q-it-up-logo2Q It Up: Have you noticed the flood of 10 and 15 second spots coming through your department lately? As a writer and/or producer, how are you dealing with the challenge of being creative in 10 or 15 seconds? Is it possible with any regularity? What tricks have you learned about the “quickie creative”? Ten seconds may work on TV, but are we serving the client well with these short spots on radio? Feel free to add any other thoughts you may have on the subject.

Dennis Mattern [production.pa[at]verstandig.com], Verstandig Broadcasting: Creativity is overrated! (kinda of joking) Give me a clear, concise :15 spot that creates the desired response over multi-voiced over-produced sfx-dripping :60’s any day! An effective spot is never clutter. While we all take professional pride in our own “creativity,” don’t let it get in the way of delivering the Client’s message. A spot that puts fannies in the seats, people in the store and moves product from the floor is all the client really wants. Creativity is not how many bells and whistles you can add on, it’s not how many tracks you mix, it’s knowing what not to say... or, knowing when to stop talking.

I feel better now. Thanks.

Bill Jackson [bjackson[at]jrfm.com], 93.7 JRfm/100.5 The PEAK: Yep... we’re selling 3s, 5s, 8s, 10s, and 15 second spots. We went down this road for a couple of reasons. One, anything we can sell to pad the bottom line gets sold. (Probably true just about anywhere) And, we also found that agencies were asking if we sold these products. It’s been going on in the US for a while now, but is relatively new to the Vancouver market.

Looks like the future of radio for many clients is repeated recognition branding. This works well for clients who are well established, have websites, etc.

Our 3s ‘dudes’ (official production term) we call ‘blinks’ and are reserved for ‘A’ list clients who have an established jingle, and brand recognition, i.e. McDonalds, Subway, etc. These run at :05 past the hour, one per hour, between 2 songs, and are sold at a premium rate. Little wonder the powers that be love them. These are not pitched to ‘Arnold Ziffel hay sales... get your hay today’. (Audio: Capital Direct example)

The 5s sales tool is packaged as ‘hour sponsorships’. Not a lot creativity involved. Mostly client name and a positioning line. Again, premium rates apply here. (Audio: I’ve enclosed samples for BCAA. The hour sponsorship supports their 30s campaign.)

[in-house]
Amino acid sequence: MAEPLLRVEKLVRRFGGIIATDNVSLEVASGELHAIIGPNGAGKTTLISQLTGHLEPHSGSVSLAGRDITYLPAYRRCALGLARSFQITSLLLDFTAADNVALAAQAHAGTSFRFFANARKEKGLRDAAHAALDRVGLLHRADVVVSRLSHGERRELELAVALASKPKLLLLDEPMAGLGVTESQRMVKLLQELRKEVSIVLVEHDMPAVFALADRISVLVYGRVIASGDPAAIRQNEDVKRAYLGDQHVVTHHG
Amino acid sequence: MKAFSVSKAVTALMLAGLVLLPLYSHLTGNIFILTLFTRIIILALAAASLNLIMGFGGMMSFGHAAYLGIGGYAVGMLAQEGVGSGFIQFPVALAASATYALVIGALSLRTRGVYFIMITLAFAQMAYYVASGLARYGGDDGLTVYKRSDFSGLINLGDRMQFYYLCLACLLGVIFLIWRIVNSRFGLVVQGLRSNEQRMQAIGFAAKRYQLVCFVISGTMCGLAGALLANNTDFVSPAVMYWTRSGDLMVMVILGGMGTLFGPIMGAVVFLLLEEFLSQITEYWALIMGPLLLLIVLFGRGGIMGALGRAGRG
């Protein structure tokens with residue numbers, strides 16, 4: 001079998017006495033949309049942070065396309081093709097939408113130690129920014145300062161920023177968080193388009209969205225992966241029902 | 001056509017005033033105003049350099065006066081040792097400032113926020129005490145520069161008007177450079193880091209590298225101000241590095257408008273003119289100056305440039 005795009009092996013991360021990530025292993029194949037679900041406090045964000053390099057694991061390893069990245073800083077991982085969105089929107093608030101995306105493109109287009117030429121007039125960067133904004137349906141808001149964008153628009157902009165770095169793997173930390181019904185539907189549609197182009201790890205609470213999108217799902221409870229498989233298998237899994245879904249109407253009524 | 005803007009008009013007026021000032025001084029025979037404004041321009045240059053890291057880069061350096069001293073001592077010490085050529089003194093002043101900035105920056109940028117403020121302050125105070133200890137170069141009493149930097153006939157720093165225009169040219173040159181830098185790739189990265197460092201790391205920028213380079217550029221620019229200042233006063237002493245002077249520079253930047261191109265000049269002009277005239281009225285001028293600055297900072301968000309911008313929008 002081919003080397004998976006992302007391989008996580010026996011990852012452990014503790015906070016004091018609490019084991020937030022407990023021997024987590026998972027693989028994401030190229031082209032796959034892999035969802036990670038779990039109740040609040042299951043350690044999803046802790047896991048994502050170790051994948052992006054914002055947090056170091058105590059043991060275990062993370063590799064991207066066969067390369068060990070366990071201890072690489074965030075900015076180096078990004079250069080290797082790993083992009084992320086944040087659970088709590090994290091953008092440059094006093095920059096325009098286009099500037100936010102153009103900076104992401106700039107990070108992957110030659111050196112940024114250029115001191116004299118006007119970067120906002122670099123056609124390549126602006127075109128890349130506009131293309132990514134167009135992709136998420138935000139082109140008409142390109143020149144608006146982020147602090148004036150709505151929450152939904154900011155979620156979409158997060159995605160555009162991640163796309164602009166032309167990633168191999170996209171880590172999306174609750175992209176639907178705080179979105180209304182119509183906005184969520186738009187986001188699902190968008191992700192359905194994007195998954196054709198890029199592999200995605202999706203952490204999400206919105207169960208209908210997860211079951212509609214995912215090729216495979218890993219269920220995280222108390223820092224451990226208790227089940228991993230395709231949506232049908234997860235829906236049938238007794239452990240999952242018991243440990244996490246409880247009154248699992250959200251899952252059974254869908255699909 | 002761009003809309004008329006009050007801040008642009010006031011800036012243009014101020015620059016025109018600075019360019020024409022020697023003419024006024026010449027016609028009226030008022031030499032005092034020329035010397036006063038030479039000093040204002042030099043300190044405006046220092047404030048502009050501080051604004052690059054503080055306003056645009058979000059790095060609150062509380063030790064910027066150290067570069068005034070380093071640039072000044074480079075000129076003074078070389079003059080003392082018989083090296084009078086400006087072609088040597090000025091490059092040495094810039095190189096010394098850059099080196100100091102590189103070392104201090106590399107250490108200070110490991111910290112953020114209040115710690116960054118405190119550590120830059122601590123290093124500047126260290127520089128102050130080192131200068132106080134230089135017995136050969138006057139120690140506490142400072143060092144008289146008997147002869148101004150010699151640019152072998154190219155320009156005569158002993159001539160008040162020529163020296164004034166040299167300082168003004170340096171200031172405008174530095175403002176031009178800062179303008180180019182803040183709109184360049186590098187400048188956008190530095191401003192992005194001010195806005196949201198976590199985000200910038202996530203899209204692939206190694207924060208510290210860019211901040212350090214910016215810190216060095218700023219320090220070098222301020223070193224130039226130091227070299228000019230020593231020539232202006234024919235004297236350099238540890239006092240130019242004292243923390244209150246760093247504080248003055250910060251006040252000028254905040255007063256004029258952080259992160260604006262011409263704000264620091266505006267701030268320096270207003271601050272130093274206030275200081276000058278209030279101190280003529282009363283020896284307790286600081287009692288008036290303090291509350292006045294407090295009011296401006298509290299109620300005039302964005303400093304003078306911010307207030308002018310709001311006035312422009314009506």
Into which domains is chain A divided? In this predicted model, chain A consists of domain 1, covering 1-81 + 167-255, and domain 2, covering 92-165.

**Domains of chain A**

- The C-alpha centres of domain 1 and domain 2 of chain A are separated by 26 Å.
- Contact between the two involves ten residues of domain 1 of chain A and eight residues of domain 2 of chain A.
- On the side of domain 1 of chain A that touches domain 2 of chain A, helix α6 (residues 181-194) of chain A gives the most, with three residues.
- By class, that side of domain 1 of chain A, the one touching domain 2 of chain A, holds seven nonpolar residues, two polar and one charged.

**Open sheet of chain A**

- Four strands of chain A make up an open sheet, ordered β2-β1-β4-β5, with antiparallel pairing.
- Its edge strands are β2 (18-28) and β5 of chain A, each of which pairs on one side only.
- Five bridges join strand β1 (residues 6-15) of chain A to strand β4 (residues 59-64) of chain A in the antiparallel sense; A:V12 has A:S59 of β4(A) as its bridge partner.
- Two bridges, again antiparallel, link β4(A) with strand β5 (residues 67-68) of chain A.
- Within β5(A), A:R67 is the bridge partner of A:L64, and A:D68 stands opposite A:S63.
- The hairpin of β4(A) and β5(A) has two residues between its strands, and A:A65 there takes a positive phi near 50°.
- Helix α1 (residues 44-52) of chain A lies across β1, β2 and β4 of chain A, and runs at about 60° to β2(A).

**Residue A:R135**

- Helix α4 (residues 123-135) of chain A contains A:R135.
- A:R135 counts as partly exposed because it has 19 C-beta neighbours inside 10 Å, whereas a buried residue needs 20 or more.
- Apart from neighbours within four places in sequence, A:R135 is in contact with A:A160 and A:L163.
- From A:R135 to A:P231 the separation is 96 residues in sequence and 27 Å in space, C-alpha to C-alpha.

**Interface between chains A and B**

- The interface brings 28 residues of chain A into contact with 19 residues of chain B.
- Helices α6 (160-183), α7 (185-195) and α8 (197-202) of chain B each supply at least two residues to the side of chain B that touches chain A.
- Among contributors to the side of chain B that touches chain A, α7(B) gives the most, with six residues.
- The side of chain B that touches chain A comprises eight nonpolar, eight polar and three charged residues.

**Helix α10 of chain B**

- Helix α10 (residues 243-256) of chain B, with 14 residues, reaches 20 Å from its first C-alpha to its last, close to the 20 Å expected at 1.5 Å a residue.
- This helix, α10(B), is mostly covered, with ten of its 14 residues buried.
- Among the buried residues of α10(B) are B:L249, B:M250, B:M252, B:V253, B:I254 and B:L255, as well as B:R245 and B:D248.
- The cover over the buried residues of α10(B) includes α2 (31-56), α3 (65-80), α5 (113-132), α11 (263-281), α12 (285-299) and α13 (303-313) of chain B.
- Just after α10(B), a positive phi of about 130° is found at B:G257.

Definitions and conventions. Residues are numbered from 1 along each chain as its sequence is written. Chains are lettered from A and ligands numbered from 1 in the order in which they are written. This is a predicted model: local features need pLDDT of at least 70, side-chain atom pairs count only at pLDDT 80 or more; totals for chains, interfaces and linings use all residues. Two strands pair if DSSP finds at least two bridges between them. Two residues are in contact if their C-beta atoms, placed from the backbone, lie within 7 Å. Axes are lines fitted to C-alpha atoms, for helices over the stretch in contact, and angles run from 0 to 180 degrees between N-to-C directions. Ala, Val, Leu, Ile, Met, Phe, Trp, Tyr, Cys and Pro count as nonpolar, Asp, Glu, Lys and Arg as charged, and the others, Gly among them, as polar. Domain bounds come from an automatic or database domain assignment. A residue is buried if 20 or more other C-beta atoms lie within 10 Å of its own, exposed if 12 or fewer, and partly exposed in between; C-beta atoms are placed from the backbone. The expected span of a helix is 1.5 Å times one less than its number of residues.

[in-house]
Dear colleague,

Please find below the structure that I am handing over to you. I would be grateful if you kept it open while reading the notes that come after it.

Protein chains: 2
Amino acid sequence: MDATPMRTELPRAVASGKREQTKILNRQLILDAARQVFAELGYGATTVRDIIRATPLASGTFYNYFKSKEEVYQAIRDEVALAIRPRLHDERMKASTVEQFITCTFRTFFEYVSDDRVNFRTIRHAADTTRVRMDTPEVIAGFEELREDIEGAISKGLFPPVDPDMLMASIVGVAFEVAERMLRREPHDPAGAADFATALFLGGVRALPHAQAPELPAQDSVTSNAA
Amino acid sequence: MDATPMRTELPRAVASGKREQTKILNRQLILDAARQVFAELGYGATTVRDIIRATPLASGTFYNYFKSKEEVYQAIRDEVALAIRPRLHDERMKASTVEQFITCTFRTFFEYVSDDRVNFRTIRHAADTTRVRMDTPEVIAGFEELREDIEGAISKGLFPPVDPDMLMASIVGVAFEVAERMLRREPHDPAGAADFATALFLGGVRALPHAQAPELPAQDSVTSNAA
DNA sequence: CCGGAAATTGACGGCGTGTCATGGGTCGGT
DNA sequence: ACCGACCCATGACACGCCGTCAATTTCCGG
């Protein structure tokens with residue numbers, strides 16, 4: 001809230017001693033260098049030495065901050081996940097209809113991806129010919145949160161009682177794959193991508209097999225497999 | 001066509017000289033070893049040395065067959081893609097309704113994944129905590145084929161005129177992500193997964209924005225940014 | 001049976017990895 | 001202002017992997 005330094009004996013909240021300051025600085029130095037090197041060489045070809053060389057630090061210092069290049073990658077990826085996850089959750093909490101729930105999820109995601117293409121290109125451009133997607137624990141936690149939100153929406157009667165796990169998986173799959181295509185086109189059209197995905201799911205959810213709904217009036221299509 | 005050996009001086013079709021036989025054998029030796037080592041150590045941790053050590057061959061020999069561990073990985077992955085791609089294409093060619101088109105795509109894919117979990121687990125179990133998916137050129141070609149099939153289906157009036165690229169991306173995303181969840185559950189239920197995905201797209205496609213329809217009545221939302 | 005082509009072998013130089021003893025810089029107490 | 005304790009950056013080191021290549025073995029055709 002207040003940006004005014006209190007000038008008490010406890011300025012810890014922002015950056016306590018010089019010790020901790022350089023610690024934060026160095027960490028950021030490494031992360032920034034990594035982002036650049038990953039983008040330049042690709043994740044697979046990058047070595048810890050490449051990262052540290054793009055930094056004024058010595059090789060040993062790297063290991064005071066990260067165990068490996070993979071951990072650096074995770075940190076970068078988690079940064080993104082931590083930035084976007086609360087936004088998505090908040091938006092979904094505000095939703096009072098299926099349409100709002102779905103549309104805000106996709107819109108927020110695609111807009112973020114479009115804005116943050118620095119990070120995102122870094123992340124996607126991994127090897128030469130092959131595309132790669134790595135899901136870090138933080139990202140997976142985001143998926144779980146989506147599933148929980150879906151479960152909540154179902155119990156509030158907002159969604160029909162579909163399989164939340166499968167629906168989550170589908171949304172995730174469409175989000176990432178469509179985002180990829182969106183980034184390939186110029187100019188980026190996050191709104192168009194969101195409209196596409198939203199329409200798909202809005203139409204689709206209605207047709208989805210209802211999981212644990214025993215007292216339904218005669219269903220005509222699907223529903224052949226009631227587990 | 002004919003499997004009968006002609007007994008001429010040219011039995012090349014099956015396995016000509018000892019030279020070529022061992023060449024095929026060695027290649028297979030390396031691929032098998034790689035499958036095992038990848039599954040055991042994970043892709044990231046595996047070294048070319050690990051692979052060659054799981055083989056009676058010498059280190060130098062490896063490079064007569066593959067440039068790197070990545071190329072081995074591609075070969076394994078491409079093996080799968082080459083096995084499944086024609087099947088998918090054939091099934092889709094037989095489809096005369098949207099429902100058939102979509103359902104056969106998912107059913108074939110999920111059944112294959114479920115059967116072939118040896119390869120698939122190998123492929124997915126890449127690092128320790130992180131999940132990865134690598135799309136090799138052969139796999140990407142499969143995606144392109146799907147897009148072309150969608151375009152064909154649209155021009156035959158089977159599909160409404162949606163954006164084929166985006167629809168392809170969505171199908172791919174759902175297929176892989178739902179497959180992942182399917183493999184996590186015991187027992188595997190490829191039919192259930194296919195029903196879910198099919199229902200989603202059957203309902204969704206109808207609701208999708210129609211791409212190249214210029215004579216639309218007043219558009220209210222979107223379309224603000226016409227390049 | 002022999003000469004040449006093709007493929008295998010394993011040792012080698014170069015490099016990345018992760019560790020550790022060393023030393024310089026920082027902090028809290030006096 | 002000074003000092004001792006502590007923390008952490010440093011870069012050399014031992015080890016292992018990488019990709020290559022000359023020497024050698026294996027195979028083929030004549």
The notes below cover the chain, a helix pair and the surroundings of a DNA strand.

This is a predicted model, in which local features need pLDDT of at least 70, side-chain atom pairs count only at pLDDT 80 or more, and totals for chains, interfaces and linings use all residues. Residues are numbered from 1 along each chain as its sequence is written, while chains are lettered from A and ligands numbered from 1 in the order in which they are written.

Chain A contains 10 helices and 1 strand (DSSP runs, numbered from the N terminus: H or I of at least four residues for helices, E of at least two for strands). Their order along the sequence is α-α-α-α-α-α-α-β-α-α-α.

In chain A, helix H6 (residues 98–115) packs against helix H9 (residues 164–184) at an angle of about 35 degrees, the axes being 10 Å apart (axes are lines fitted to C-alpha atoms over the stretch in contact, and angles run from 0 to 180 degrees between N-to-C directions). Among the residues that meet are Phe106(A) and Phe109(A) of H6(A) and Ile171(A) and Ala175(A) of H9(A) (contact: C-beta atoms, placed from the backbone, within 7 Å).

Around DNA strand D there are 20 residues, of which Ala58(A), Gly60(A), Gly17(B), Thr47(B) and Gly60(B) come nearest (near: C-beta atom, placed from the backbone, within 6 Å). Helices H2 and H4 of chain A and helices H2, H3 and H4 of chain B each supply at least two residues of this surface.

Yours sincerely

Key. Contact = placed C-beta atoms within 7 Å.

8s are sold mainly as news, traffic and weather sponsorships. Most of these are ‘live’ occasions.

Although creativity can take a hit in 10 and 15 second ads, it also gives us a chance to cut through any crap. You have to get to the point pretty quick. (Audio: Coast Capital Insurance sample)

Being creative in a quick and to the point fashion is nothing new for us. We do it all the time with our imaging. Now we just do it for clients.

I’ve enclosed some audio samples, including our demo’s. Hope there’s something useful here.

Mitch Todd [Mitch.Todd[at]siriusxm.com]: My team faces this challenge everyday here at Sirius XM (although we often don’t have to drive home a location, URL or telephone number). In our efforts to minimize ANY perceived “interruptions”, we’ve aggressively embraced the William Shakespeare proverb from Hamlet: “Brevity is the soul of wit”! We’ve found over the years that MANY times, much can be accomplished within a very short period of time. “Story telling” with sound and words must constantly be refined to its essence to maximize the message within the time allotted… and THAT takes time!

Anyone can write a long winded diatribe, however it takes a lot of effort and thought to hit upon all the key elements in a highly focused manner while not wasting a second of valuable time. It can be done; you just have to use another of my favorite proverbs, that’s really very simple: “Think”! And THAT is where you should spend your time.

Alan White [alan.white[at]citcomm.com], Citadel Broadcasting, Colorado Springs, Colorado: Added value is the real buzz word when it comes to locking in a buy and that usually comes in the form of a 10 or 15. Can it be creative? Sure why not, if that’s the goal. The 60 or 30 should take care of that angle if that’s indeed the focus. The shorty just gives the client more impressions and name branding overall on top of their main message. More bang for the buck can be very persuasive for small budgets these days too.

Wally Wawro [wwawro[at]wfaa.com], WFAA-TV Creative Services, Dallas, Texas: Here’s the perspective from someone who works in TV. Our on-air promotion/creative services department has been producing in the 15 second realm for several years now. Mostly it has to do with inventory pressures. Even with the recent downturn in spot TV, we’ve retained the 15 second format for our “disposable” promos, for example spots promoting specific content in the late news or the morning show. For time sensitive, limited run content, it’s easier to create a 15 second promo! Long shelf life Image spots usually start as 30’s but are quickly cut down to 15 and 10 second lengths, once again due to inventory concerns and availabilities. I’ve seen the amount of on-air promotion time we’ve been given reduced over the last two-three years since revenue concerns are such an issue.

The local businesses we produce TV spots for also are adopting 15’s, often doubling up their spots in breaks to increase impressions and lower the cost per thousand/cost per point. I tend to think this works well for a service business. In fact, on our air it’s the pest control, electricians, plumbing, carpet cleaning businesses that best utilize the “double 15’s in a break strategy.“ For them it’s all about name recognition.

Blaine Parker [bp[at]slowburnmarketing.com]: Being that I’ve “escaped” the radio station, I haven’t been subject to the “flood” of :10s and :15s. But I have occasionally had requests for them. And periodically, back in my radio station heyday, they would be “thrown in” as value added for a new client.

Simply put: YES, it’s possible to be creative, and NO, they do not serve most clients well, IMHO.